The Best Use of Parenthetical Asides

(It's about Barbara Walters)

US-ENTERTAINMENT-MEDIA-WHCA-DINNER

Barbara Walters. (Image via Getty)

There’s been a lot of talk about Monica Lewinsky’s story in this month’s Vanity Fair. Of course there is. It was the defining sex scandal of the ’90s, the one that almost brought down a presidency and forced so many parents to awkwardly explain oral sex, how DNA gets on dresses and when a cigar really isn’t just a cigar to their millennial children.

But we don’t want Curtis Sittenfeld’s profile of Barbara Walters to get lost in the shuffle. The whole piece on the soon-to-retire broadcasting legend is worth a read, despite–or maybe because– Ms. Walters is a self-professed difficult interview subject and Ms. Sittenfeld a talented writer.

And we would especially like to highlight Ms. Sittenfeld’s use of parenthetical asides. They are kind of amazing.

On her friendship with Israeli defense minister Moshe Dayan:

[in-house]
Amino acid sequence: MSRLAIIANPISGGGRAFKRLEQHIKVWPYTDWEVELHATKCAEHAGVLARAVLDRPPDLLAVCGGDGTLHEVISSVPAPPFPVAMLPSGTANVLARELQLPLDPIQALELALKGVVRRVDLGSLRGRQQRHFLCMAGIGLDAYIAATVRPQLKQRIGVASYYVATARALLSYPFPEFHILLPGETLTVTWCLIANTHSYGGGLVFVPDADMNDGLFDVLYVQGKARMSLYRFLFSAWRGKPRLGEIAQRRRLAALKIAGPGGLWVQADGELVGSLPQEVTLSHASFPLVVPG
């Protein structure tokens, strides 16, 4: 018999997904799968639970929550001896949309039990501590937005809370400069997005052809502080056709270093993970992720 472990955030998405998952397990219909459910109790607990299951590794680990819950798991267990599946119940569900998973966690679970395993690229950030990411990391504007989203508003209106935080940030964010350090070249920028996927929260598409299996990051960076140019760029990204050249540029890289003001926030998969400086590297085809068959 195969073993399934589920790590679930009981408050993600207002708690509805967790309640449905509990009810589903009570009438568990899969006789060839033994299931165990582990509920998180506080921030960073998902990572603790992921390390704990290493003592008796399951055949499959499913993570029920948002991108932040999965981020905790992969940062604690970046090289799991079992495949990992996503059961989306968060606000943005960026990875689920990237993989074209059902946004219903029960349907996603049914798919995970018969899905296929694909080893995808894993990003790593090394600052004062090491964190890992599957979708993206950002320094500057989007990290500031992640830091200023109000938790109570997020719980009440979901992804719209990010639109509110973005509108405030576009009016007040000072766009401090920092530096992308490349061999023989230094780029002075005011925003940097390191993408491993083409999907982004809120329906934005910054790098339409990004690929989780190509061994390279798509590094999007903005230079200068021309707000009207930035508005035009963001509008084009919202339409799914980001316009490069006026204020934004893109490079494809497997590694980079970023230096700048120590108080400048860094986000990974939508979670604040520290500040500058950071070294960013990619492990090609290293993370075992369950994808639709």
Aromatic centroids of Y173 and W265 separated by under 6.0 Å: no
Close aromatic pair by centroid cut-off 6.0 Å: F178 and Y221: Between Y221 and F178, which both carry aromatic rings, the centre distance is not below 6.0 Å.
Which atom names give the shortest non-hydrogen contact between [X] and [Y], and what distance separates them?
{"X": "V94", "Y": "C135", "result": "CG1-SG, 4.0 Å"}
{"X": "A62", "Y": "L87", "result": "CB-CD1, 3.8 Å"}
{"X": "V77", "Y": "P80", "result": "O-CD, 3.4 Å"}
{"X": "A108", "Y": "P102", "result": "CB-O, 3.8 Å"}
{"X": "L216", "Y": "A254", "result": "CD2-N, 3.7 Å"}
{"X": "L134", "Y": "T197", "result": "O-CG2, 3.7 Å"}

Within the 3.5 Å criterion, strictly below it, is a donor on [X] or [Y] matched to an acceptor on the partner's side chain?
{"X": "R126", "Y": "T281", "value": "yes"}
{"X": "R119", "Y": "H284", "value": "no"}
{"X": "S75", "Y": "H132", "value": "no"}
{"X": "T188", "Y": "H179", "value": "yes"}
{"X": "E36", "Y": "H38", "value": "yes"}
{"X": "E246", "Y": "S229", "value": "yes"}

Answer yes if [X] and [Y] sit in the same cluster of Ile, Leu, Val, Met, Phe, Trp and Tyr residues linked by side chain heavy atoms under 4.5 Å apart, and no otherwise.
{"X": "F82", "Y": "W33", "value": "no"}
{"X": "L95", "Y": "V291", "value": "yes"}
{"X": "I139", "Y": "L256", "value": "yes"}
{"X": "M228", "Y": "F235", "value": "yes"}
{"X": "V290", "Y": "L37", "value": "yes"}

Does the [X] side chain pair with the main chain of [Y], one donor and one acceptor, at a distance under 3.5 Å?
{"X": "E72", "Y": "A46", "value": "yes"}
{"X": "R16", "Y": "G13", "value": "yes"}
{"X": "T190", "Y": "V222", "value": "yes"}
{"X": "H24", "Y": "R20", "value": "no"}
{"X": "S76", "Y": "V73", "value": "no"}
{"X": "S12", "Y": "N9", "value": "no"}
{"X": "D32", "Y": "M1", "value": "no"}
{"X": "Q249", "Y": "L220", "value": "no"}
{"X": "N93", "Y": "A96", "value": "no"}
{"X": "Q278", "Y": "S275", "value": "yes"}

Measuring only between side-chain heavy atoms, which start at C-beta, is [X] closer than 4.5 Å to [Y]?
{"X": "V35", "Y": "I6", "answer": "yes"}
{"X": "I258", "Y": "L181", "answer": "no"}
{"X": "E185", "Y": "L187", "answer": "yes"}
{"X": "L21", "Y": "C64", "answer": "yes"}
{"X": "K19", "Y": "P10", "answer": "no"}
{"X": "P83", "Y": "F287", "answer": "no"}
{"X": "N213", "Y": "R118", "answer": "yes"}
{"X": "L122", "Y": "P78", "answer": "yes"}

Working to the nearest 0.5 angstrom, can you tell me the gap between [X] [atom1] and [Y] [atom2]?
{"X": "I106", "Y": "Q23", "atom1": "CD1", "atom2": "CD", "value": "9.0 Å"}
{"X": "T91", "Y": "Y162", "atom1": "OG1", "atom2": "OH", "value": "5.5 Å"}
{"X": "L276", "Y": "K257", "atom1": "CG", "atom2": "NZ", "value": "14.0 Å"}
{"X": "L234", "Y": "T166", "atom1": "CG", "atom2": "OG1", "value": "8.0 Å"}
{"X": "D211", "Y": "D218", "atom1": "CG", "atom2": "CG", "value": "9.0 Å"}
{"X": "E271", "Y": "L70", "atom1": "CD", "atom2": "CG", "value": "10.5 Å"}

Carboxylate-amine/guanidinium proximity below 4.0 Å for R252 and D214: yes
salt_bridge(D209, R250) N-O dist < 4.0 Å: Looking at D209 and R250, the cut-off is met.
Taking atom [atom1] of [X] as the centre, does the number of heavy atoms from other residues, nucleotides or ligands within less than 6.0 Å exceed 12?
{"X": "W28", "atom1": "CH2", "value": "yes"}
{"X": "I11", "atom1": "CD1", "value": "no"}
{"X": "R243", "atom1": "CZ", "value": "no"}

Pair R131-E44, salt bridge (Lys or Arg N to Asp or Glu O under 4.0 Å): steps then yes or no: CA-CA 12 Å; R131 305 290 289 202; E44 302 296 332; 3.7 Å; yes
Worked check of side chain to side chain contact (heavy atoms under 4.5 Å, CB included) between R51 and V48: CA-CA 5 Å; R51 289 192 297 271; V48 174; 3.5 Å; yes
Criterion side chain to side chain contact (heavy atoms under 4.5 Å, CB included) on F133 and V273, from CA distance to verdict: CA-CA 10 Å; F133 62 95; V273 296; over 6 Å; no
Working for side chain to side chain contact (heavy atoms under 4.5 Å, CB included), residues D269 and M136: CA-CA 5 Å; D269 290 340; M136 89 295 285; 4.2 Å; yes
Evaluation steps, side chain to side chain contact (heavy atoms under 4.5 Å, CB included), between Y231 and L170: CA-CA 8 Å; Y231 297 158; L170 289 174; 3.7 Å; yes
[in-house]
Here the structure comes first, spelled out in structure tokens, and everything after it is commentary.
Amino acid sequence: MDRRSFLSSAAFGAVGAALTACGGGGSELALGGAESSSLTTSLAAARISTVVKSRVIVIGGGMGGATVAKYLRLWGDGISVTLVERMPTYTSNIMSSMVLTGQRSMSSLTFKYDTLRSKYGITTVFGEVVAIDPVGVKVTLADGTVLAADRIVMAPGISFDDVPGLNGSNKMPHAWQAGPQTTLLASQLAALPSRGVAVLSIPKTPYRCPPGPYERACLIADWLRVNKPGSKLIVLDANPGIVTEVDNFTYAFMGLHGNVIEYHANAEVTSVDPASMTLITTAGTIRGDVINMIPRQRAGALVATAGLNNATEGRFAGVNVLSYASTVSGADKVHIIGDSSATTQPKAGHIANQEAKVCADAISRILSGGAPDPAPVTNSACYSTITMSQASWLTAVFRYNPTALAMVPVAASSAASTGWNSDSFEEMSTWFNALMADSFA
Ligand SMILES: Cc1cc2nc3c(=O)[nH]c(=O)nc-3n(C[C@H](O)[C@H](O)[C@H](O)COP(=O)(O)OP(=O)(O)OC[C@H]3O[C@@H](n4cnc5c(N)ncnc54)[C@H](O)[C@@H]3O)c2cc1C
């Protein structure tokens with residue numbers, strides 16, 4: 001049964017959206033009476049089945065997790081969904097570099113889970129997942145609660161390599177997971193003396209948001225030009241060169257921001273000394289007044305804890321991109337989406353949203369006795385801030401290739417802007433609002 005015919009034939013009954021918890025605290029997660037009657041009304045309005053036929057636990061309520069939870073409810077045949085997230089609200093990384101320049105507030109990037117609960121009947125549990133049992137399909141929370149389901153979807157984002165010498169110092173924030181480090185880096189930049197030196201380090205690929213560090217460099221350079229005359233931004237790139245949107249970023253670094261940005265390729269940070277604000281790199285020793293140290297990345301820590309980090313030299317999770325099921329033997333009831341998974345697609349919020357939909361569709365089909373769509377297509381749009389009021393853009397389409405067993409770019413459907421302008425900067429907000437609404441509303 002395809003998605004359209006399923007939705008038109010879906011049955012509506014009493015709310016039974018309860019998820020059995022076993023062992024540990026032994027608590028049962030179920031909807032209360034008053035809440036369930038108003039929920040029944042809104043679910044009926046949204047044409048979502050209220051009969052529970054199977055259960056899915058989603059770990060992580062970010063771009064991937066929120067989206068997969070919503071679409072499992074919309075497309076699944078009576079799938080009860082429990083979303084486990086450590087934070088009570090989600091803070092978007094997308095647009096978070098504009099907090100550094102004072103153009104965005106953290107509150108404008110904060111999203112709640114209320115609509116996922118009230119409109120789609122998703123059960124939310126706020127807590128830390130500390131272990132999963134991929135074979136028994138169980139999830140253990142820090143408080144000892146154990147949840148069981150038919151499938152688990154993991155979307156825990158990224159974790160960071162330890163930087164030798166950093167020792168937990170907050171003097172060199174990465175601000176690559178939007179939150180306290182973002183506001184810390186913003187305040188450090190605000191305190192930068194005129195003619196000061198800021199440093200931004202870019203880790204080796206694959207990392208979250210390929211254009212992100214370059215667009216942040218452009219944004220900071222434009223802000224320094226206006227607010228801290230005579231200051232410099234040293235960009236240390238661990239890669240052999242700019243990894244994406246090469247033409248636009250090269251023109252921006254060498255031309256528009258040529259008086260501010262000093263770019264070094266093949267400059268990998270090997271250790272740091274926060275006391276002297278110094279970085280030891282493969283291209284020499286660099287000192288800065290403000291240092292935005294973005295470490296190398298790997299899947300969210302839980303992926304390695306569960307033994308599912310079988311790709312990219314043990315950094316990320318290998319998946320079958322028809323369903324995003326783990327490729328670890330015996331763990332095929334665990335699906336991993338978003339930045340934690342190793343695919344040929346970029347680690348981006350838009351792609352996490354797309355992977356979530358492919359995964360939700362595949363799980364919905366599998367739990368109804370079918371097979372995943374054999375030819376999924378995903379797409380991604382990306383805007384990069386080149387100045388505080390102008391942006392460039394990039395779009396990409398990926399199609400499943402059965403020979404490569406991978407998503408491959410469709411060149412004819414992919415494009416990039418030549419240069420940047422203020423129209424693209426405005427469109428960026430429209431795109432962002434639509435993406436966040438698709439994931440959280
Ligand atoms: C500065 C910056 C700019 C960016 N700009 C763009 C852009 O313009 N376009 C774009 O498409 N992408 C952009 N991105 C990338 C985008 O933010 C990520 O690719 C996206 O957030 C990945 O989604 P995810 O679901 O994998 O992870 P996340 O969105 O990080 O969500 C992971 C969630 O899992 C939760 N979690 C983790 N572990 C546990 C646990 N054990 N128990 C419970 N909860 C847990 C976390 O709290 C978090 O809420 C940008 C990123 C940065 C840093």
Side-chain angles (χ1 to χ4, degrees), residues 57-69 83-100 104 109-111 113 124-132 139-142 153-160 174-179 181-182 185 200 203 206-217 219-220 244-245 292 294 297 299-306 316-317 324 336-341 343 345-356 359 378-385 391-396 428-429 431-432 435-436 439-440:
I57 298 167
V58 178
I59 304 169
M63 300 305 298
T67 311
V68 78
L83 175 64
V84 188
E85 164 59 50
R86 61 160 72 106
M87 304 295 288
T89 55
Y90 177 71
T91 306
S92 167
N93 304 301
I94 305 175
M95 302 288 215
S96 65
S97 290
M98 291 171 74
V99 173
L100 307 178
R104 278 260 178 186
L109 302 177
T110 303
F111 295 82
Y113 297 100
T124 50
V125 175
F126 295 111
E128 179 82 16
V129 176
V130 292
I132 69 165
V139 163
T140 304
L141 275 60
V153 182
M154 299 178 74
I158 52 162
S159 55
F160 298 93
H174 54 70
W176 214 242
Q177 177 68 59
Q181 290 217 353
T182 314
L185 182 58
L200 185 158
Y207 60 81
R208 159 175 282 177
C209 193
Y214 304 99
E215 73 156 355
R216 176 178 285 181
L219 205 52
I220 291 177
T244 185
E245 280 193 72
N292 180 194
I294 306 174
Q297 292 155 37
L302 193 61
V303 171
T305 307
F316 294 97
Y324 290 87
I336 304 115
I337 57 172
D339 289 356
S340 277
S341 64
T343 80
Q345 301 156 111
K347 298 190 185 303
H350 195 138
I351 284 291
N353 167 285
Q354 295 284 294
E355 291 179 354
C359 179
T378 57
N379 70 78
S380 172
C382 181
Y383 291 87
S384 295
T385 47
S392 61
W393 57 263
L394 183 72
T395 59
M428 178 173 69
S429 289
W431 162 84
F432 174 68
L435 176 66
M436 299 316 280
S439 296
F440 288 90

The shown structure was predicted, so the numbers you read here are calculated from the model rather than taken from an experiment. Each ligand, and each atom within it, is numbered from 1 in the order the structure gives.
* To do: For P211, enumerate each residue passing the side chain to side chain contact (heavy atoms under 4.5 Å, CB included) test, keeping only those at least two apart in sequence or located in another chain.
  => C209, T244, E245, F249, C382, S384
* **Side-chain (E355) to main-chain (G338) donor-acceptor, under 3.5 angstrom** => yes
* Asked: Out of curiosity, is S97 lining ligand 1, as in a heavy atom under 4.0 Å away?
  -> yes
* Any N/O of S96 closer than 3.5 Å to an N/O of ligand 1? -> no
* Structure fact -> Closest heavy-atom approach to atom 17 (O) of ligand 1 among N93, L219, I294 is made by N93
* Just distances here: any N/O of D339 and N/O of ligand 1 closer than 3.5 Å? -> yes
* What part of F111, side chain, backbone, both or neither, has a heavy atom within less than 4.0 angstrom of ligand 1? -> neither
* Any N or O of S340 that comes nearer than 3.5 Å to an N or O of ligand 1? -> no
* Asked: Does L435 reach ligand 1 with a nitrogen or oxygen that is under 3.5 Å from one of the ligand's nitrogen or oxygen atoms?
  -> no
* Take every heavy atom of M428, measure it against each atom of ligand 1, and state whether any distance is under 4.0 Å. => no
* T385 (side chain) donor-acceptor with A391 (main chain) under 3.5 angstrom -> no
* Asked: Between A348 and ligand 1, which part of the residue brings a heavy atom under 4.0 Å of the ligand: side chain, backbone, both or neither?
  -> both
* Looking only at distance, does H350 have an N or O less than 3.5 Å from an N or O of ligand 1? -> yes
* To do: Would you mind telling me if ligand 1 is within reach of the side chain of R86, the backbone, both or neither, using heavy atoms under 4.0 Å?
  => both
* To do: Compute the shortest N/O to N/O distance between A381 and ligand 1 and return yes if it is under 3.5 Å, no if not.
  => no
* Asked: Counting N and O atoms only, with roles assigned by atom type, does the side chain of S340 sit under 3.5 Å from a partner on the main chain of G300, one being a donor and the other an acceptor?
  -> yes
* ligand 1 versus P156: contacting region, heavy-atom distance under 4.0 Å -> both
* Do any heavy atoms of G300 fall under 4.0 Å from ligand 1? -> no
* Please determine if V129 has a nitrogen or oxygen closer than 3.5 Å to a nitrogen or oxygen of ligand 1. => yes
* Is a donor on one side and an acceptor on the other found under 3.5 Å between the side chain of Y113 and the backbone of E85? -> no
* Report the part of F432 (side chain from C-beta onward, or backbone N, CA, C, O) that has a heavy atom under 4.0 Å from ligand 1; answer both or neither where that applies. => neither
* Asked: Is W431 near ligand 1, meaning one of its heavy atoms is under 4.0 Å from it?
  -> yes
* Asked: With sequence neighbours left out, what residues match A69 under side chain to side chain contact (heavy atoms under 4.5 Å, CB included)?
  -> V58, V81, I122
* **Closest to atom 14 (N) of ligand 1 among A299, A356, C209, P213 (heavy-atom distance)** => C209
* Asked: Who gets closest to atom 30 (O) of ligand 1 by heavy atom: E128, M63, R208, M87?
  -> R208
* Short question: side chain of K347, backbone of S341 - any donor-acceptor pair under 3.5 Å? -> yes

([Moshe] Dayan’s widow, Raquel, would wear to her husband’s 1981 funeral a dress that belonged to Walters.)

On interviewing Fidel Castro:

(But, no, she says, despite the lingering rumors, she and the Cuban revolutionary never slept together.)

On how Clint Eastwood flirted with her on-camera in 1982. Ms. Walter jokingly suggested the headline “I Could Have Been Mrs. Clint Eastwood” for Ms. Sittenfeld’s story:

(This was shortly before she offered—twice—to write the article for me.)

On waking up early to host the Today show:

(She says the prostitutes who congregated on the corner of Seventh Avenue and 57th Street would mistake her for one of their own, imagining she’d just left a client in a nearby hotel, and taking inspiration in the sight of her climbing into a limousine.)